50. Resolution 262: ” … ‘condemns’ Israel for attack on Beirut airport”.
51. Resolution 265: ” … ‘condemns’ Israel for air attacks on Salt, Jordan”.
52. Resolution 267: ” … ‘censures’ Israel for administrative acts to change the status of Jerusalem”.
53. Resolution 270: ” … ‘condemns’ Israel for air attacks on villages in southern Lebanon”.
54. Resolution 271: ” … ‘condemns’ Israel’s failure to obey UN resolutions on Jerusalem”.
55. Resolution 279: ” … ‘demands’ withdrawal of Israeli forces from Lebanon”.
56. Resolution 280: ” … ‘condemns’ Israeli’s attacks against Lebanon”.
57. Resolution 285: ” … ‘demands’ immediate Israeli withdrawal form Lebanon”.
58. Resolution 298: ” … ‘deplores’ Israel’s changing of the status of Jerusalem”.
59. Resolution 313: ” … ‘demands’ that Israel stop attacks against Lebanon”.
60. Resolution 316: ” … ‘condemns’ Israel for repeated attacks on Lebanon”.
61. Resolution 317: ” … ‘deplores’ Israel’s refusal to release Arabs abducted in Lebanon”.
62. Resolution 331
63. Resolution 332: ” … ‘condemns’ Israel’s repeated attacks against Lebanon”.
64. Resolution 337: ” … ‘condemns’ Israel for violating Lebanon’s sovereignty”.
65. Resolution 338 (22 October 1973): cease fire in Yom Kippur War
66. Resolution 339 (23 October 1973): Confirms Res. 338, dispatch UN observers.
67. Resolution 340
68. Resolution 341
69. Resolution 344
70. Resolution 346
71. Resolution 347: ” … ‘condemns’ Israeli attacks on Lebanon”.
72. Resolution 350 (31 May 1974) established the United Nations Disengagement Observer Force, to monitor the ceasefire between Israel and Syria in the wake of the Yom Kippur War.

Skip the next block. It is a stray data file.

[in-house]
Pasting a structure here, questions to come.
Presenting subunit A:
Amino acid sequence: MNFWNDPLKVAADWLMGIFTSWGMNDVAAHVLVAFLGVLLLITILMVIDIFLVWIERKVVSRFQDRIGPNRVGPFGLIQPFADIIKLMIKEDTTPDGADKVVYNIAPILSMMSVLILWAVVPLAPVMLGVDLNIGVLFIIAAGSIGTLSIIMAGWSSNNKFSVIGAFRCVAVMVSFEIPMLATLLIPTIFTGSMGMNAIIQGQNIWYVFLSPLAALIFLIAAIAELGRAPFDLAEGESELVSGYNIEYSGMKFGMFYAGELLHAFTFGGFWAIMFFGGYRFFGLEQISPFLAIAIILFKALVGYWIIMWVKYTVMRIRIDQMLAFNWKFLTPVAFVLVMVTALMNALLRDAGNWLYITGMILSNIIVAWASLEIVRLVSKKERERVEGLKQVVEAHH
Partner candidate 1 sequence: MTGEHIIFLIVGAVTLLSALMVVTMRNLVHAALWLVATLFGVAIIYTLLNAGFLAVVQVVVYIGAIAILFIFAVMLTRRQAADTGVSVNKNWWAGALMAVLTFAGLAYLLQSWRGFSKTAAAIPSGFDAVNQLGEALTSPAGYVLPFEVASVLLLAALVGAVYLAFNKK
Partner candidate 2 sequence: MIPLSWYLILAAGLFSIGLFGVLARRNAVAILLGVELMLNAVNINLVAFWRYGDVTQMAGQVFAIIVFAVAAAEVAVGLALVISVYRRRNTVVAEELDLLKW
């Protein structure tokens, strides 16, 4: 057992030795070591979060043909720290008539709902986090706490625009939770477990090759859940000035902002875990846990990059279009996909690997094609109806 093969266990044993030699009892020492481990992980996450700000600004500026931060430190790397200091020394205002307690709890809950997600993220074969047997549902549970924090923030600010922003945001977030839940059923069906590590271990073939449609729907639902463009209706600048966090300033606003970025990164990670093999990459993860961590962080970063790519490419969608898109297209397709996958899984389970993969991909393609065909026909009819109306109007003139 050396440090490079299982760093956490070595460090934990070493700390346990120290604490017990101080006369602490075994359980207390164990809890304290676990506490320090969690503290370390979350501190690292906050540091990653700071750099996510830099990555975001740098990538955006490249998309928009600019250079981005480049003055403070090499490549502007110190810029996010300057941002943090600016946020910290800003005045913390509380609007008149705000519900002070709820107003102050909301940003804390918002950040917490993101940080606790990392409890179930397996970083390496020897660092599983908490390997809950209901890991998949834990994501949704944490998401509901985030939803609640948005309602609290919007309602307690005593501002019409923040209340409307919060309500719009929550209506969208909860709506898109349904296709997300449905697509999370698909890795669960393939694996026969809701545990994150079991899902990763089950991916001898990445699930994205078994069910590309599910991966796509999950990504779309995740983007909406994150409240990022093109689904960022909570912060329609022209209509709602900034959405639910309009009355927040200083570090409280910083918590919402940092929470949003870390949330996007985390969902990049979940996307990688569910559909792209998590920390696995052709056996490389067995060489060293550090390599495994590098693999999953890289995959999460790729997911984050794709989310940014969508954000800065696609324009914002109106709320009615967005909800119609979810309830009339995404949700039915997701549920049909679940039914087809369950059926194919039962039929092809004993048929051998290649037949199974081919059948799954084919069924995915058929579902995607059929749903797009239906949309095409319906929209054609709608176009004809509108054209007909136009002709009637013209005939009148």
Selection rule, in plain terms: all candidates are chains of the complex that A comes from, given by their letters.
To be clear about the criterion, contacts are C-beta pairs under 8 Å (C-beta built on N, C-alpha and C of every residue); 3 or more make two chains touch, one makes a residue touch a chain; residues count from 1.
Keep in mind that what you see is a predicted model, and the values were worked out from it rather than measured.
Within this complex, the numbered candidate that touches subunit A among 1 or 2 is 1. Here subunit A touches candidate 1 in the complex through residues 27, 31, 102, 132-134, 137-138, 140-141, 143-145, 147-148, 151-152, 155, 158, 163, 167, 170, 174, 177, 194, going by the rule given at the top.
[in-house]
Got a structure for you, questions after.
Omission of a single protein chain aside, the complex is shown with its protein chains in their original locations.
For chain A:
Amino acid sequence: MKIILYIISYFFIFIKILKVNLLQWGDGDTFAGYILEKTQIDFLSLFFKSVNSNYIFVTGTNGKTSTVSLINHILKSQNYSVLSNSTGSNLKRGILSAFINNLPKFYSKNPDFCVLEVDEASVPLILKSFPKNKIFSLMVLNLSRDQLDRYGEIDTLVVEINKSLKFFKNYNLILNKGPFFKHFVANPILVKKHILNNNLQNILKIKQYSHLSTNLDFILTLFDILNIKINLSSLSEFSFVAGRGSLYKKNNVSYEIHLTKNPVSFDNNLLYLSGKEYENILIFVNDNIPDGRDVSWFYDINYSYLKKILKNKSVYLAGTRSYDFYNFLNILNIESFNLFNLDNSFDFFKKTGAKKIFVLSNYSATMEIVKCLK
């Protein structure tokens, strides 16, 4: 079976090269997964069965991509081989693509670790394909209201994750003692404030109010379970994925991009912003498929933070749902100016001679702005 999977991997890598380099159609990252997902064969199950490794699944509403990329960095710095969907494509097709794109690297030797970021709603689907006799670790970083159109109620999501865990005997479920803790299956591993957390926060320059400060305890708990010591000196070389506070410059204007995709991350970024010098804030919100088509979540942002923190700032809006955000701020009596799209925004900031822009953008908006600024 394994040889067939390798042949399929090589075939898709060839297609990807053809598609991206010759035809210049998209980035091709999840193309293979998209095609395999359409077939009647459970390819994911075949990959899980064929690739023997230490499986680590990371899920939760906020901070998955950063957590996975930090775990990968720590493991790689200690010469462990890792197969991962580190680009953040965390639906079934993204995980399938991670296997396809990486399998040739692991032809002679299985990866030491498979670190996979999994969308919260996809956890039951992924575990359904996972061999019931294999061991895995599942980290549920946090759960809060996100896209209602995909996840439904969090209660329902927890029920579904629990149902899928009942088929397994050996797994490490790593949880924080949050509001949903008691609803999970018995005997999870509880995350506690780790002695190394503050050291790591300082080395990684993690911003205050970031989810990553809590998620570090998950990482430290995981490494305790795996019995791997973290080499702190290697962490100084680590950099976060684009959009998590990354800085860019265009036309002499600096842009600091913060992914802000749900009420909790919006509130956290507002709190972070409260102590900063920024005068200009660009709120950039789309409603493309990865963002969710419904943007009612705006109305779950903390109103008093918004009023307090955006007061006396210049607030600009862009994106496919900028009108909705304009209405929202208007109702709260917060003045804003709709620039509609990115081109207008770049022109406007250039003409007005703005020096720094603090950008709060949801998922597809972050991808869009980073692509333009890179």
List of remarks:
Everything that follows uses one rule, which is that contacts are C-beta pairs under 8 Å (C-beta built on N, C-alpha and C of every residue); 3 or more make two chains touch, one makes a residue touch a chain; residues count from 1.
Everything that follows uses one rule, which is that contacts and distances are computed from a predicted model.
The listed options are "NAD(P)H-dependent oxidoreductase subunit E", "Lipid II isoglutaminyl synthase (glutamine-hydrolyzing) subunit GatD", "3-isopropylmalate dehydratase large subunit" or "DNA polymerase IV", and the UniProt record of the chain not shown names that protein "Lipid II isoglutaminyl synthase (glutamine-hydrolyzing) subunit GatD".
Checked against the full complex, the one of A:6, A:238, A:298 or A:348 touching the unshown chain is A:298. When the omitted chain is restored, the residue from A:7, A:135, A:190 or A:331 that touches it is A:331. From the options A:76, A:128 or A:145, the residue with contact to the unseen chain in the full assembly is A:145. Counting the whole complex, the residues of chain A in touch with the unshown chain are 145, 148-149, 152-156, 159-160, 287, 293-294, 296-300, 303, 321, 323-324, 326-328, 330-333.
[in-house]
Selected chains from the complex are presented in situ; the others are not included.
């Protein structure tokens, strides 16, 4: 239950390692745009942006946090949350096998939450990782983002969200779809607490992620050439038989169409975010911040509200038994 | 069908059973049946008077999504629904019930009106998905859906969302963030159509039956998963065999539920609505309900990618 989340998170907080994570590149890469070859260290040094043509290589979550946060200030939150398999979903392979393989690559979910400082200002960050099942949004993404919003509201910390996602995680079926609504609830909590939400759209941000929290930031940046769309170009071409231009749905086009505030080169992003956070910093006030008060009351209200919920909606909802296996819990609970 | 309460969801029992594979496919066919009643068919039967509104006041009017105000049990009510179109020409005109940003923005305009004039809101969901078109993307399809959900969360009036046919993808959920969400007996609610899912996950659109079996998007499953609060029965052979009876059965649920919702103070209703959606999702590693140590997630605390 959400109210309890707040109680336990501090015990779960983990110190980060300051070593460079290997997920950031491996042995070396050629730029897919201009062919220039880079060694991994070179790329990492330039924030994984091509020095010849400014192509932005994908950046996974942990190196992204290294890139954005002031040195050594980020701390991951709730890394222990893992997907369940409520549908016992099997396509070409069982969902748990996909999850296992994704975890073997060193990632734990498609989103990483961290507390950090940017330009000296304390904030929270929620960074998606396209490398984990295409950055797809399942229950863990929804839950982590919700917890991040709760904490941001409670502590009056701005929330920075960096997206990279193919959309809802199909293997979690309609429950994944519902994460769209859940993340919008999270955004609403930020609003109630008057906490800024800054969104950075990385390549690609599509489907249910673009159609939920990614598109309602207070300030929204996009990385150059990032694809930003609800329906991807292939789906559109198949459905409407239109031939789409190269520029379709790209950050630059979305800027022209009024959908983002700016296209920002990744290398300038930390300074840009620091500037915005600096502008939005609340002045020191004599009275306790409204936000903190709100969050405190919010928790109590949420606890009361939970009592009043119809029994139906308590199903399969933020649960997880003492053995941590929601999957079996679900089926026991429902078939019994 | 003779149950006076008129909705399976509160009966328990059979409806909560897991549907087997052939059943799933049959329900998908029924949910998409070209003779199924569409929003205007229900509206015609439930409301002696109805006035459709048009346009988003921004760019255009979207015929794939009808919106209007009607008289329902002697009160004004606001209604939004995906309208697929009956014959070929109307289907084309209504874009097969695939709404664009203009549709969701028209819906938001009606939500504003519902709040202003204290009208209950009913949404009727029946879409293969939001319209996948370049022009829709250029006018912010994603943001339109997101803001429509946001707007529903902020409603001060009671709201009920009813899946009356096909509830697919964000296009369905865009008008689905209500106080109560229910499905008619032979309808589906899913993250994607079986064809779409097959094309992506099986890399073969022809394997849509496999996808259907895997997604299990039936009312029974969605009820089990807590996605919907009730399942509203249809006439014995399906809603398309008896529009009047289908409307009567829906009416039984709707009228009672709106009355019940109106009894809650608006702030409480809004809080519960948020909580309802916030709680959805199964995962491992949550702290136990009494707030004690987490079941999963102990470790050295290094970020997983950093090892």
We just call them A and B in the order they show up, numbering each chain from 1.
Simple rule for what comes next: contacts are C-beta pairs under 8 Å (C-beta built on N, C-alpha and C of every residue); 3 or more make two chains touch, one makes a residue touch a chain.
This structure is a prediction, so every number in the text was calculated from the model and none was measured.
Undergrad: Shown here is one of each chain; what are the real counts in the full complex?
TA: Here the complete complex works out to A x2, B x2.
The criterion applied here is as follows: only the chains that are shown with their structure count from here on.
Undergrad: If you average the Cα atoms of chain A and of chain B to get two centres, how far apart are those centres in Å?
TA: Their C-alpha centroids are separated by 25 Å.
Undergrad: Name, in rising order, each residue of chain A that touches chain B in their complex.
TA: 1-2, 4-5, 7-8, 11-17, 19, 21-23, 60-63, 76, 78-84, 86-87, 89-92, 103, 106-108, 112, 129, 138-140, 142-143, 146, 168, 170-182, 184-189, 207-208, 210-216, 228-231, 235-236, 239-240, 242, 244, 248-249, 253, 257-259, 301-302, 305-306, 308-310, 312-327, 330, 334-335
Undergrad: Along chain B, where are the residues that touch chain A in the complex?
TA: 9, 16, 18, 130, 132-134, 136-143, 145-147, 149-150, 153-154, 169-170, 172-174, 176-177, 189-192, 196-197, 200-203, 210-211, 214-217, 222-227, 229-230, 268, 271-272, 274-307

73. Resolution 362
74. Resolution 363
75. Resolution 368
76. Resolution 369
77. Resolution 371
78. Resolution 378
79. Resolution 381
80. Resolution 390
81. Resolution 396
82. Resolution 398
83. Resolution 408
84. Resolution 416
85. Resolution 420
86. Resolution 425 (1978): ” … ‘calls’ on Israel to withdraw its forces from Lebanon”. Israel’s withdrawal from Lebanon was completed as of 16 June 2000.
87. Resolution 426
88. Resolution 427: ” … ‘calls’ on Israel to complete its withdrawal from Lebanon”.
89. Resolution 429
90. Resolution 434
91. Resolution 438
92. Resolution 441
93. Resolution 444: ” … ‘deplores’ Israel’s lack of cooperation with UN peacekeeping forces”.
94. Resolution 446 (1979): ‘determines’ that Israeli settlements are a ‘serious obstruction’ to peace and calls on Israel to abide by the Fourth Geneva Convention”.
95. Resolution 449
96. Resolution 450: ” … ‘calls’ on Israel to stop attacking Lebanon”.
97. Resolution 452: ” … ‘calls’ on Israel to cease building settlements in occupied territories”.
98. Resolution 456
99. Resolution 459
100. Resolution 465: ” … ‘deplores’ Israel’s settlements and asks all member states not to assist Israel’s settlements program”.
101. Resolution 467: ” … ‘strongly deplores’ Israel’s military intervention in Lebanon”.
102. Resolution 468: ” … ‘calls’ on Israel to rescind illegal expulsions of two Palestinian mayors and a judge and to facilitate their return”.
103. Resolution 469: ” … ‘strongly deplores’ Israel’s failure to observe the council’s order not to deport Palestinians”.
104. Resolution 470
105. Resolution 471: ” … ‘expresses deep concern’ at Israel’s failure to abide by the Fourth Geneva Convention”.
106. Resolution 474
107. Resolution 476: ” … ‘reiterates’ that Israel’s claim to Jerusalem are ‘null and void'”.
108. Resolution 478 (20 August 1980): ‘censures (Israel) in the strongest terms’ for its claim to Jerusalem in its ‘Basic Law’.
109. Resolution 481
110. Resolution 483
111. Resolution 484: ” … ‘declares it imperative’ that Israel re-admit two deported Palestinian mayors”.
112. Resolution 485
113. Resolution 487: ” … ‘strongly condemns’ Israel for its attack on Iraq’s nuclear facility”.
114. Resolution 488
115. Resolution 493
116. Resolution 497 (17 December 1981) decides that Israel’s annexation of Syria’s Golan Heights is ‘null and void’ and demands that Israel rescinds its decision forthwith.
117. Resolution 498: ” … ‘calls’ on Israel to withdraw from Lebanon”.
118. Resolution 501: ” … ‘calls’ on Israel to stop attacks against Lebanon and withdraw its troops”.